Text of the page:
An annuity is a contract issued by an insurance company and usually
referred to as an annuity policy or annuity contract. What makes annuities
different is the tax treatment given them by the IRS.
Think of an annuity as an umbrella. When money is placed under the
umbrella or annuity contract, it is treated differently as far as taxes go.
- The money that you put in an annuity is referred to as
a premium, it's your original contribution or principal
contribution. Since you already have paid taxes on it, it never again will
be subject to taxation. This assumes that you haven't purchased an
annuity as part of a qualified retirement program such as an IRA,
401(k), TSA or 457 plan.
The money that you put into an annuity will earn interest or receive
dividend income or capital gain distributions. These "earnings", unlike
money in a savings account, mutual fund, certificate of deposit are not
taxed in the year in which they are earned. Thus the "earnings" will
continue to grow and compound tax free until withdrawn.
The IRS eventually collects taxes on the "earnings" of your annuity.
When you withdraw money from your annuity the earnings, according to
the IRS, are withdrawn first. The "earnings" are subject to "ordinary
income taxes" in they year in which they are withdrawn. Keep in mind that
capital gain distributions in a mutual fund are taxed at capital gains rates.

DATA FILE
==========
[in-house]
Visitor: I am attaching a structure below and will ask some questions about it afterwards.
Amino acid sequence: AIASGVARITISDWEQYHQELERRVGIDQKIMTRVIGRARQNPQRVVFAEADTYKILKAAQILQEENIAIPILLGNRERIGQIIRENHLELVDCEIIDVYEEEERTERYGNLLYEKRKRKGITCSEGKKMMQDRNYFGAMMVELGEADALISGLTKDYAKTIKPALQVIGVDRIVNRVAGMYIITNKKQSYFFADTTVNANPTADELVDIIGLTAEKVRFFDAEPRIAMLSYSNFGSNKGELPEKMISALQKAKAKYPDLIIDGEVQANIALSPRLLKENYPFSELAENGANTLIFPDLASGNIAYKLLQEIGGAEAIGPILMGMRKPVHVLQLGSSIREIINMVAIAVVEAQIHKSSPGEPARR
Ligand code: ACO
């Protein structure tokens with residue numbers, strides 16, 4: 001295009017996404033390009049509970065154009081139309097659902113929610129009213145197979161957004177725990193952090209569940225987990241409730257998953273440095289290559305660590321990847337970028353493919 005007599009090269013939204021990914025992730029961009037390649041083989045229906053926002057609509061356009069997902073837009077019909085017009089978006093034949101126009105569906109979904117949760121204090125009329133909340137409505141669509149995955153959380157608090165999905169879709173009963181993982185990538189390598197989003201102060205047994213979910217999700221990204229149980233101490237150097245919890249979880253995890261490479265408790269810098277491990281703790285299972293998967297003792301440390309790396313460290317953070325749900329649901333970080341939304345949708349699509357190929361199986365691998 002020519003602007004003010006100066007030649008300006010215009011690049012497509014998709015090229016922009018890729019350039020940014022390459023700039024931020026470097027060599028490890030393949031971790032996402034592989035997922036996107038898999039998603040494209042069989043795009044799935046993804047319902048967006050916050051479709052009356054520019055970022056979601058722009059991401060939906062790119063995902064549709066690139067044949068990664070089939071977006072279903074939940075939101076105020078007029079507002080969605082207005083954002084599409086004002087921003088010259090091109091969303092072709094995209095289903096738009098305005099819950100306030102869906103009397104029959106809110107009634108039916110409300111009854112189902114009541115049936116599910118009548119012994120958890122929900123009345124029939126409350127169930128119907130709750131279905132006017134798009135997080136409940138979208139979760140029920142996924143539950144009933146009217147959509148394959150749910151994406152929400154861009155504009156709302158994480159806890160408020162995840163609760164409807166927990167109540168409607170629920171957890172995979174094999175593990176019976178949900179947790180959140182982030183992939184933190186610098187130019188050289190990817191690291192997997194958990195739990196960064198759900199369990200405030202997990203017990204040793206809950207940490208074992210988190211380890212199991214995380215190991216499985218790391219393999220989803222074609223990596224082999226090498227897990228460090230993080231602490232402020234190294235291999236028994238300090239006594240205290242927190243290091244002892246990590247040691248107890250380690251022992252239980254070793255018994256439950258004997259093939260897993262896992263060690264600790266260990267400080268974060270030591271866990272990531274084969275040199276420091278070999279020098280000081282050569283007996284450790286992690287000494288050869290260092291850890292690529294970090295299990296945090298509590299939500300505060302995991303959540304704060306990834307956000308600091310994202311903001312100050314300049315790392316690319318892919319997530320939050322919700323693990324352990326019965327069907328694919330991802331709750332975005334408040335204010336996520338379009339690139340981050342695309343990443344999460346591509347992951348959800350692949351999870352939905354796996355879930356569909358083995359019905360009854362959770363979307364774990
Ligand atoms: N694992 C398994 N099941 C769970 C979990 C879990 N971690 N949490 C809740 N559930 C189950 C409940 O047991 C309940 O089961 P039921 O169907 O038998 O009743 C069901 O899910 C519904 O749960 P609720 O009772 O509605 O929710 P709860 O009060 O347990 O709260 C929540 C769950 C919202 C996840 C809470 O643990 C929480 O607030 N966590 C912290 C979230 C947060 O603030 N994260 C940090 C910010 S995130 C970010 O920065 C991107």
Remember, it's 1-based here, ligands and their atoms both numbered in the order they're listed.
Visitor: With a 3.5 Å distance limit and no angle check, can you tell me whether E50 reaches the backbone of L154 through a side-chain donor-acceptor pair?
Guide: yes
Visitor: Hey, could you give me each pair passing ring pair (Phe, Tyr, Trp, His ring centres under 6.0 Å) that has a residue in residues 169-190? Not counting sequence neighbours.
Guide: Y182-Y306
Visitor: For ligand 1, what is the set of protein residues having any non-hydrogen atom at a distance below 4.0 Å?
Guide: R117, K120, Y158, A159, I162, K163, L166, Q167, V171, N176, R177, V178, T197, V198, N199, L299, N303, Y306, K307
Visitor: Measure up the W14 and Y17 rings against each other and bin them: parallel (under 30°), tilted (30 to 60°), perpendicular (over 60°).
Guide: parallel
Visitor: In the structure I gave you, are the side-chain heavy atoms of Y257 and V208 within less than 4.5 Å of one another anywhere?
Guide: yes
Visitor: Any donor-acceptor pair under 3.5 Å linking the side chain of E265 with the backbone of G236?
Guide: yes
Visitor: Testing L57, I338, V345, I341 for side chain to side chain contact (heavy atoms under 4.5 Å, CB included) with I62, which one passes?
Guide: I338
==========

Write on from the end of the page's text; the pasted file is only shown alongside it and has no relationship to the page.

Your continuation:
The IRS also has what it calls a "Premature Distributions". If you
withdraw your earnings and your under the age of 59 1/2. Not only are your
earnings tax at ordinary income tax rates, the IRS makes you pay a penalty
of an additional 10% on the earnings that are taxed.
However there are no penalties on distributions:
Made after your 59 1/2.
Made on or after the death of the owner of the annuity.
If the taxpayer becomes disabled.
A part of a series of substantially equal periodic payments (not less
than annually) for the life (or life expectancy) of the taxpayer or joints
lives (or joint expectancies) of the taxpayer and his or her designated beneficiary.
Made under a single premium immediate annuity with a starting date no
later than one year from the annuity purchase date.
Made under certain annuities issued in connection with a structured settlement agreements.
If a premature death should
occur, the accumulated funds within your annuity may be transferred to
your named beneficiaries, avoiding the expense, delay, frustration and
publicity of the probate process. Like most assets, the annuity is part of
your taxable estate. Your heirs can generally chose to receive a lump sum payment,
or a guaranteed monthly income.
Annuities Online does not give tax or legal advice. The comments regarding tax treatment
on this web site simply reflect our understanding of current interpretations of tax laws as they apply to annuities. Since tax laws
are always subject to interpretation and possible changes in the future. we recommend that you seek counsel of your attorney,
accountant or other qualified tax advisor regarding annuity taxation as it applies to your particular situation.